Introduction|Selections|Decoration|Home
                                                  'Perpetual Happiness' Disc
n Neolithic Period to the Hsia Dynasty (ca. 6000-1600 B.C.)
n Figure
n Salamander-Human
n Disc
n Shang Dynasty to the Western Chou (ca. 1600-771 B.C.)
n Pendant with Human and Dragon Motifs
n Pair of Rams
n Boar
n Eastern Chou to the Han Dynasty  (770 B.C. to A.D. 220)
n Tiger Pendant
n Figure(ca.14-87B.C)
n Double Dragon Pendant from Ch'in
n Bronze Knife with Jade Handle and Hilt
n "Perpetual Happiness" Disc

'Perpetual Happiness' Disc


Outer diameter: 16.2 cm, 
hole diameter: 3.75 cm, 
thickness: 0.65 cm

        Carved from opaque white and grey jade, the design on either side of this piece are the same. The design is composed of two concentric bands of designs around the hole. The inner band is done in openwork with two characters above and two below. The ones above read “ch’ang-lo” (perpetual happiness) and those below “wei-yang” (never-ending). To either side of the characters are a dragon and tiger design also done in openwork. The head of the dragon is shown in profile, and it has wings and scales. The head of the tiger is shown in frontal view, and even the fur is evident. The outer band is decorated in low relief with the four spirit animals known as the “blue dragon,” “white tiger,” “red phoenix,” and “black hsuan-wu (serpent and turtle).” The design on the other is almost identical, except for the starting point of the “blue dragon.” In front of the mouths of the “blue dragon” and “red phoenix” on front side are symbols of the sun, while near the tail of the “white tiger” is a symbol of the moon. The three of them are evenly arranged on the surface. This disc may have been used as a form of tribute.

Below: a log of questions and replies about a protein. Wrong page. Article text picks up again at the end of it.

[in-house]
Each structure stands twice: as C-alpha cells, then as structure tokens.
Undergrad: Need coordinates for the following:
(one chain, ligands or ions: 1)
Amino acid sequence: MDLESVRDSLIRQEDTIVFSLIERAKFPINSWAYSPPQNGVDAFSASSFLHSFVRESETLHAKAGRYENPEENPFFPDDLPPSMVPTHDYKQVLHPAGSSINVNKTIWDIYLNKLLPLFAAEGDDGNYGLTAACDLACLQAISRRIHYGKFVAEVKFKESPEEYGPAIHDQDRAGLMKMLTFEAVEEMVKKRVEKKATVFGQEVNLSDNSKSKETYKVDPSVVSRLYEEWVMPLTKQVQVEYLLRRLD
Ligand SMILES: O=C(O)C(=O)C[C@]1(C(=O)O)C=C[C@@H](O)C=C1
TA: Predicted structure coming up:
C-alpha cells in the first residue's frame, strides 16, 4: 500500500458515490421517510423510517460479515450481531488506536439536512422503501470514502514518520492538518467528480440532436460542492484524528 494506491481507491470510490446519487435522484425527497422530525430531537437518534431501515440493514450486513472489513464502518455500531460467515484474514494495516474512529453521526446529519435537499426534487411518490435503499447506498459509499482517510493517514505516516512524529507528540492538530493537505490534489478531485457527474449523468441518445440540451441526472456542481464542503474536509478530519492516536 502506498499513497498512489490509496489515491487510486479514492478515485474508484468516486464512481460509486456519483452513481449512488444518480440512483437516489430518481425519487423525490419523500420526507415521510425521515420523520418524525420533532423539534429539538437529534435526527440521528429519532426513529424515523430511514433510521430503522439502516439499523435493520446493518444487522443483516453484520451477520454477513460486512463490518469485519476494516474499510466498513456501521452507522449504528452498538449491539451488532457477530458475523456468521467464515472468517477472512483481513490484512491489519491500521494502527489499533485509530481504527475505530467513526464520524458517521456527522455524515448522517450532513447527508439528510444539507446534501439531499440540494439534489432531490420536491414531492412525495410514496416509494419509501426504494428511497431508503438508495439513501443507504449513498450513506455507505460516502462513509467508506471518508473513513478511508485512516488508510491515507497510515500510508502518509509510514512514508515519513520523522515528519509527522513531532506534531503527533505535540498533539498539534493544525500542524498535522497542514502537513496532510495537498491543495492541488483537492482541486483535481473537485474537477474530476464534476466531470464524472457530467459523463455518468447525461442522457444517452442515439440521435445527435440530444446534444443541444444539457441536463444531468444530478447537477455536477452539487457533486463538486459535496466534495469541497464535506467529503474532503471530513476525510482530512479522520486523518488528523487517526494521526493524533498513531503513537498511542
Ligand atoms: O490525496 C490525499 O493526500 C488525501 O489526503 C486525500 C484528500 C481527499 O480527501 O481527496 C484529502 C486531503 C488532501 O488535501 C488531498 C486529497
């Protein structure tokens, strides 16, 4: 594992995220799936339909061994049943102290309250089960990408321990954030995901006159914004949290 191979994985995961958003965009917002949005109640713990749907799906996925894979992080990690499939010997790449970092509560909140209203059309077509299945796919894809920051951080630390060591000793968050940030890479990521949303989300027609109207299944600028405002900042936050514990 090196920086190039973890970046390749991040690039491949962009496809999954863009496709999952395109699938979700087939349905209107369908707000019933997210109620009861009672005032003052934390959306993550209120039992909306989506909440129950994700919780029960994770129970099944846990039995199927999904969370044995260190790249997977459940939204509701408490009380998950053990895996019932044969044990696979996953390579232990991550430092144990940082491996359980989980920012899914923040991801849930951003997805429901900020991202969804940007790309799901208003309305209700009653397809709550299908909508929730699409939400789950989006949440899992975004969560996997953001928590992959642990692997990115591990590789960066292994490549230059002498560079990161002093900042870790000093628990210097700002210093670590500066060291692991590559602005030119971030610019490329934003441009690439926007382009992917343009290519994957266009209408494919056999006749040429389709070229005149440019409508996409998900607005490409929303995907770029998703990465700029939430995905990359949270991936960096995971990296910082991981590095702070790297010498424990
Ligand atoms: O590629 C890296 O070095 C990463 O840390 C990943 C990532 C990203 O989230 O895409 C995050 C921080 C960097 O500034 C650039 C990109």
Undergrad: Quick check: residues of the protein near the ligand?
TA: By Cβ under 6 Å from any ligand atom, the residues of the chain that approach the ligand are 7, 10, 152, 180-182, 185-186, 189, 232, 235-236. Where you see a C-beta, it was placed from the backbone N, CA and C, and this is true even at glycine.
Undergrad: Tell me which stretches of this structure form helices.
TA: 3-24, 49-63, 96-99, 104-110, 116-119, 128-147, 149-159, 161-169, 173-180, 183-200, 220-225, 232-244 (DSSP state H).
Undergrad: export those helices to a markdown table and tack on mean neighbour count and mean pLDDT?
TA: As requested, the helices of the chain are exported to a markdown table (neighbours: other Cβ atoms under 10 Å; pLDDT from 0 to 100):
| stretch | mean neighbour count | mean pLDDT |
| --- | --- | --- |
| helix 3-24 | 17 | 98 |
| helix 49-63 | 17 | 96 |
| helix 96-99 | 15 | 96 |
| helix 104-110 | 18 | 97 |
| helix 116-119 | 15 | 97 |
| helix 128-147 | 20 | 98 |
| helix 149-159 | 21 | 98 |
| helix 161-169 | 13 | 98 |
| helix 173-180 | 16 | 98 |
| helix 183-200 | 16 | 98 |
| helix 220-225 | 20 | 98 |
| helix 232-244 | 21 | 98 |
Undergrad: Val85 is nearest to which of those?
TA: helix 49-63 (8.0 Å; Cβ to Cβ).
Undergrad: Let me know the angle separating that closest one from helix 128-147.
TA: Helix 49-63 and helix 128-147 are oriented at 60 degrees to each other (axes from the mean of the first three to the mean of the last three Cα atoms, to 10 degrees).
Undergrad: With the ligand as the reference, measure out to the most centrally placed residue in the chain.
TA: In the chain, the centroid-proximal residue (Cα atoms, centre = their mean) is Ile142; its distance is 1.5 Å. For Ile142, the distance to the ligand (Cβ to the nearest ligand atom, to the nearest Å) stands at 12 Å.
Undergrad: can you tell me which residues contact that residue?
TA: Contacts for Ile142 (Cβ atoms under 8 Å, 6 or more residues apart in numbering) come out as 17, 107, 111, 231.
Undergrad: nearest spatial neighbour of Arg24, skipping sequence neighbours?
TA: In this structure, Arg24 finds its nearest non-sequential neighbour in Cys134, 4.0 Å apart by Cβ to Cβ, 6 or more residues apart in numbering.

At present, there are more than ten Eastern Han style discs that have images of spirit animals either carved in relief or in openwork. At least ten of them have auspicious characters, and the dragon and tiger are the two spirit animals most commonly seen. Some also bear all four spirit animals, but only with a short small dragon (representing a serpent) or a turtle to represent the hsuan-wu combination of the serpent and turtle--but with no characters. Only this beautiful disc has not only two two-character combinations but also the full pairing of turtle and serpent to represent hsuan-wu. The carving and design are also exceptionally fine, making this a remarkable jade.

UP